Estimating yield losses in drought-damaged corn
Given current daily heat unit accumulation, much of the corn crop is likely to achieve black layer (physiological maturity) before the end of August. A continuation of high temperatures will promote rapid grain drydown and the potential for an early harvest. In upcoming weeks, corn growers with drought damaged fields may want to estimate grain yields prior to harvest in order to help with marketing and harvest plans.
Two procedures that are widely used for estimating corn grain yields prior to harvest are the yield component method (also referred to as the "slide rule" or corn yield calculator) and the ear weight method. Each method will often produce yield estimates that are within 20 bu/ac of actual yield. Such estimates can be helpful for general planning purposes.
The yield component method was developed by the Agricultural Engineering Department at the University of Illinois. The principle advantage to this method is that it can be used as early as the milk stage of kernel development, a stage many Ohio corn fields have probably achieved. The yield component method involves use of a numerical constant for kernel weight which is figured into an equation in order to calculate grain yield. This numerical constant is sometimes referred to as a "fudge‑factor" since it is based on a predetermined average kernel weight. Since weight per kernel will vary depending on hybrid and environment, the yield component method should be used only to estimate relative grain yields, i.e. "ballpark" grain yields. When below normal rainfall occurs during grain fill (resulting in low kernel weights), the yield component method will overestimate yields. In a year with good grain fill conditions (resulting in high kernel weights) the method will underestimate grain yields.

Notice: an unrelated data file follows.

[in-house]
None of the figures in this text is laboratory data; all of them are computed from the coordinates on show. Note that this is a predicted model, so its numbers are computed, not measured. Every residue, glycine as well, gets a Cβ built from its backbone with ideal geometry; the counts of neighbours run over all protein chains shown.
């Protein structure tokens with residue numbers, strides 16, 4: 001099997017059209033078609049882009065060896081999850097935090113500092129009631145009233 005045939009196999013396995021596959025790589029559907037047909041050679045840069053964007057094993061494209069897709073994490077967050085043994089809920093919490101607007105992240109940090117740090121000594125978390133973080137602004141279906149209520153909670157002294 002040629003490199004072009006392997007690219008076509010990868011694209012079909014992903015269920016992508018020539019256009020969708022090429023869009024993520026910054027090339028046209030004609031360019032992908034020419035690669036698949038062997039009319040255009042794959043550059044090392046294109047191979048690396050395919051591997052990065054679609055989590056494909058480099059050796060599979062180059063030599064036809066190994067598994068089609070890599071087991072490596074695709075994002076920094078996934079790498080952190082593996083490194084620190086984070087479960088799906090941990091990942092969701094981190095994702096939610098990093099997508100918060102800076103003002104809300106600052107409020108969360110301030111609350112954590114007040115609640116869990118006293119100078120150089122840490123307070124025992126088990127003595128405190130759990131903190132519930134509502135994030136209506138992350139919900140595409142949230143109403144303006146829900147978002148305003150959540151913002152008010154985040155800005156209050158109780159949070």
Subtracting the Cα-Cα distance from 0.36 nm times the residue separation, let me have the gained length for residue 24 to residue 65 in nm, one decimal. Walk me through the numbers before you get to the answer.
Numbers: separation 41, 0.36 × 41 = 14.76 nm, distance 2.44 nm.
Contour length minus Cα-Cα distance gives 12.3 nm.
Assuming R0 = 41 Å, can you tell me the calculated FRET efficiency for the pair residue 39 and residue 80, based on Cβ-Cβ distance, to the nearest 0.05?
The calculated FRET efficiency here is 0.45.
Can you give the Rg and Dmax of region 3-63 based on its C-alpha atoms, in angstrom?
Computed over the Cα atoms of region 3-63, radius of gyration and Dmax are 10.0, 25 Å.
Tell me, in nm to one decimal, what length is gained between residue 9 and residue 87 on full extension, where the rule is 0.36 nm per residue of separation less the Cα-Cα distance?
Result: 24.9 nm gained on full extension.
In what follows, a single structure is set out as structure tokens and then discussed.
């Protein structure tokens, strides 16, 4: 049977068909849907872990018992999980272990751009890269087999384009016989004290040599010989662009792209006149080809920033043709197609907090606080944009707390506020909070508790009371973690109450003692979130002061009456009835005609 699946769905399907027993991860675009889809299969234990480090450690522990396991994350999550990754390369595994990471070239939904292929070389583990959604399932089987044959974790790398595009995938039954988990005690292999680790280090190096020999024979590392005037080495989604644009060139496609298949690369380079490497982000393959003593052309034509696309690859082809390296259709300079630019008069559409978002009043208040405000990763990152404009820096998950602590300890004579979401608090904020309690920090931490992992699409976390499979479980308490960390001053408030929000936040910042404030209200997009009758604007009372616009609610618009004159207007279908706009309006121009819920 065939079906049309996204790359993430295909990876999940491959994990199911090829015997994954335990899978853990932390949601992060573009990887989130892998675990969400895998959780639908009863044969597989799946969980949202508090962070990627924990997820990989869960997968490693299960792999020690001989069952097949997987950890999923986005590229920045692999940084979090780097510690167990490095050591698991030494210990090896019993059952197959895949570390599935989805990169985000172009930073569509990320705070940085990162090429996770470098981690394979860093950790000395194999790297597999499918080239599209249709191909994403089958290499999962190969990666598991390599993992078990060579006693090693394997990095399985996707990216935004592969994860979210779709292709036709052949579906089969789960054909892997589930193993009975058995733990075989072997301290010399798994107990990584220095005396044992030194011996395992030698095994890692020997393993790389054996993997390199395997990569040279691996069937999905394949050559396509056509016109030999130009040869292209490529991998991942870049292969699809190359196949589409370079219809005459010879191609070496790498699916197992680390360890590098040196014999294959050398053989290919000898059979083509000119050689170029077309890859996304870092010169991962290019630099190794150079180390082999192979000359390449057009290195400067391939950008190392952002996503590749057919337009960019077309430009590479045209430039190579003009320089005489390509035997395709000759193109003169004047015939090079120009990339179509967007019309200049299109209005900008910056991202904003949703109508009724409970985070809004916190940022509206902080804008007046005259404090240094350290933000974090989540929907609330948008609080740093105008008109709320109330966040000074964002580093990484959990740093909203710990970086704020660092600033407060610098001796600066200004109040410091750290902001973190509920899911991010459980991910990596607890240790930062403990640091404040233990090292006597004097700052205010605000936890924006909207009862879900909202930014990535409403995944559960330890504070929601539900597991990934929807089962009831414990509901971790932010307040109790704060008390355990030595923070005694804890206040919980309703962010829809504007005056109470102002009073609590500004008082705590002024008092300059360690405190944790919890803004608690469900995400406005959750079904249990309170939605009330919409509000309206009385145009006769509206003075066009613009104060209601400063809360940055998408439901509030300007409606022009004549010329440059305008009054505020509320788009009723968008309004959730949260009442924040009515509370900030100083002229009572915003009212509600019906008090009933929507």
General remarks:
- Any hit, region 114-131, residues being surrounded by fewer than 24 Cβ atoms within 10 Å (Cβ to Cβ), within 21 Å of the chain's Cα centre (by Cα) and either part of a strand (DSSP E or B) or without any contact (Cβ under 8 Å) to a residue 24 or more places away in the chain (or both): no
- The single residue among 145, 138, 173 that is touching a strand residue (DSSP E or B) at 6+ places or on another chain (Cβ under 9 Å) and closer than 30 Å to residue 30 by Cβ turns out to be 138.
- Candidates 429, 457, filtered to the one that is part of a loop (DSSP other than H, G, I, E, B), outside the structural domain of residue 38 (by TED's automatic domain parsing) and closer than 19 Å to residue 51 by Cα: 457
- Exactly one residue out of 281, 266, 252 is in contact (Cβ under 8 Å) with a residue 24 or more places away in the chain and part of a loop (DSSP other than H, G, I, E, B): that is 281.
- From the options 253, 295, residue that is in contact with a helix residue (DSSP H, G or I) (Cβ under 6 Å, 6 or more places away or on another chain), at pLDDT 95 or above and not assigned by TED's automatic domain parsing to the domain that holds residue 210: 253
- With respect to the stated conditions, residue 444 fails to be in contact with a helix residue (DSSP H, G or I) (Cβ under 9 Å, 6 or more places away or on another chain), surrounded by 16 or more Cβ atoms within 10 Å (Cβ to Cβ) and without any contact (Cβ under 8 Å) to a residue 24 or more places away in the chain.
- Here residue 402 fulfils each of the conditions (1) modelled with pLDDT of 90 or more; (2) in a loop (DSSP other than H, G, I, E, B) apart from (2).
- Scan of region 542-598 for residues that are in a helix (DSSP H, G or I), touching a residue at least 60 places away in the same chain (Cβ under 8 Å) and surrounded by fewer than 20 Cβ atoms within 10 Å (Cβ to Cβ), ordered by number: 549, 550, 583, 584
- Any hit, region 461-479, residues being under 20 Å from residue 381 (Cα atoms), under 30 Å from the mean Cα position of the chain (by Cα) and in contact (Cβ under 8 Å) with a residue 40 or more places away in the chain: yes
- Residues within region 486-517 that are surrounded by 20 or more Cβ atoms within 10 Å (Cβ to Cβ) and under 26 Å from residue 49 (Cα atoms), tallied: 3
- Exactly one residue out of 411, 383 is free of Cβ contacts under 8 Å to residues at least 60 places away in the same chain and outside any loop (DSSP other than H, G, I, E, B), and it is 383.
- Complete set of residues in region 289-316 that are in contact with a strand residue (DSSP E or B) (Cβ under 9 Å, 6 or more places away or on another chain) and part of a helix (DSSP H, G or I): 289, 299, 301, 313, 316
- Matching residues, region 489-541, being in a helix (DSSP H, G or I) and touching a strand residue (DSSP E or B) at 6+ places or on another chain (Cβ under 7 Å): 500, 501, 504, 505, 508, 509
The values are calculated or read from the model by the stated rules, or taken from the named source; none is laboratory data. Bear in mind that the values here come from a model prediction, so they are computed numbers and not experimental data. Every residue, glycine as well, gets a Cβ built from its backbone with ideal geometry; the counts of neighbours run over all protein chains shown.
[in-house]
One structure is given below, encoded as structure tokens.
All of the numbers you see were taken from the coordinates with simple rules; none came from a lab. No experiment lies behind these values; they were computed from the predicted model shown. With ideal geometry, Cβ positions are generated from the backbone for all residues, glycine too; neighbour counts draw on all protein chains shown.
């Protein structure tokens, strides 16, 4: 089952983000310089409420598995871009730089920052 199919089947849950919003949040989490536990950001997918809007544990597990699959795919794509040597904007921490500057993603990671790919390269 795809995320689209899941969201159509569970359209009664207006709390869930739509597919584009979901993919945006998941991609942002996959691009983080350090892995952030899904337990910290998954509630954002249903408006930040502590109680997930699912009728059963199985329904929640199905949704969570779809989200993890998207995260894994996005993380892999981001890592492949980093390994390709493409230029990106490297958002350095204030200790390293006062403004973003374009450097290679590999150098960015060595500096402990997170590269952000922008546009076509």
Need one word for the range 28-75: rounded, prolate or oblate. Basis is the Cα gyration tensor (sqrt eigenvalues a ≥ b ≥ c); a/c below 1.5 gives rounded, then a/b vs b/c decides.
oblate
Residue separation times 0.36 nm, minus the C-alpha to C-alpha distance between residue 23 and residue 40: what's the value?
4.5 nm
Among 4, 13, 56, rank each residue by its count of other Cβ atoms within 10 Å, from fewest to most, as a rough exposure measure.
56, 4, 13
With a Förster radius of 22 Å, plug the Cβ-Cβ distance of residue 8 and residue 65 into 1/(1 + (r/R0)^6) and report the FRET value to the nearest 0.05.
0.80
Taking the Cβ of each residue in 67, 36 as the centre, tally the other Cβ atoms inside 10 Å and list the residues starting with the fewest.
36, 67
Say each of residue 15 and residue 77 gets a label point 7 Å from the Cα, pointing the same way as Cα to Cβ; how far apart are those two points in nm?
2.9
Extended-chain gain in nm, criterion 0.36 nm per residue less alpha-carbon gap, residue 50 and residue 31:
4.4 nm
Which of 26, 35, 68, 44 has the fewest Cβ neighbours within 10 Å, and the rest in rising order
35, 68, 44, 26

In the past, the yield component method equation used a "fudge factor" of 90 (as the average value for kernel weight, expressed as 90,000 kernels per 56 lb bushel), but kernel size has increased as hybrids have improved over the years. Dr. Bob Nielsen at Purdue University suggests that a "fudge factor" of 80 to 85 (85,000 kernels per 56 lb bushel) is a more realistic value to use in the yield estimation equation today http://www.agry.purdue.edu/ext/corn/news/timeless/YldEstMethod.html.
Emerson Nafziger, Ph.D., the University of Illinois notes that under current drought stress “….If there's a fair amount of green leaf area and kernels have already reached dough stage, using 90 [as the “fudge-factor “] might be reasonable. It typically doesn't help much to try to estimate depth of kernels at dough stage, when kernel depth is typically rather shallow anyway, especially if there are 16 or more kernel rows on the ear. If green leaf area is mostly gone, however, and kernels look like they may be starting to shrink a little, kernels may end up very light, and using 120 or even 140 [as the “fudge-factor”] might be more accurate”. http://bulletin.ipm.illinois.edu/article.php?id=1695.
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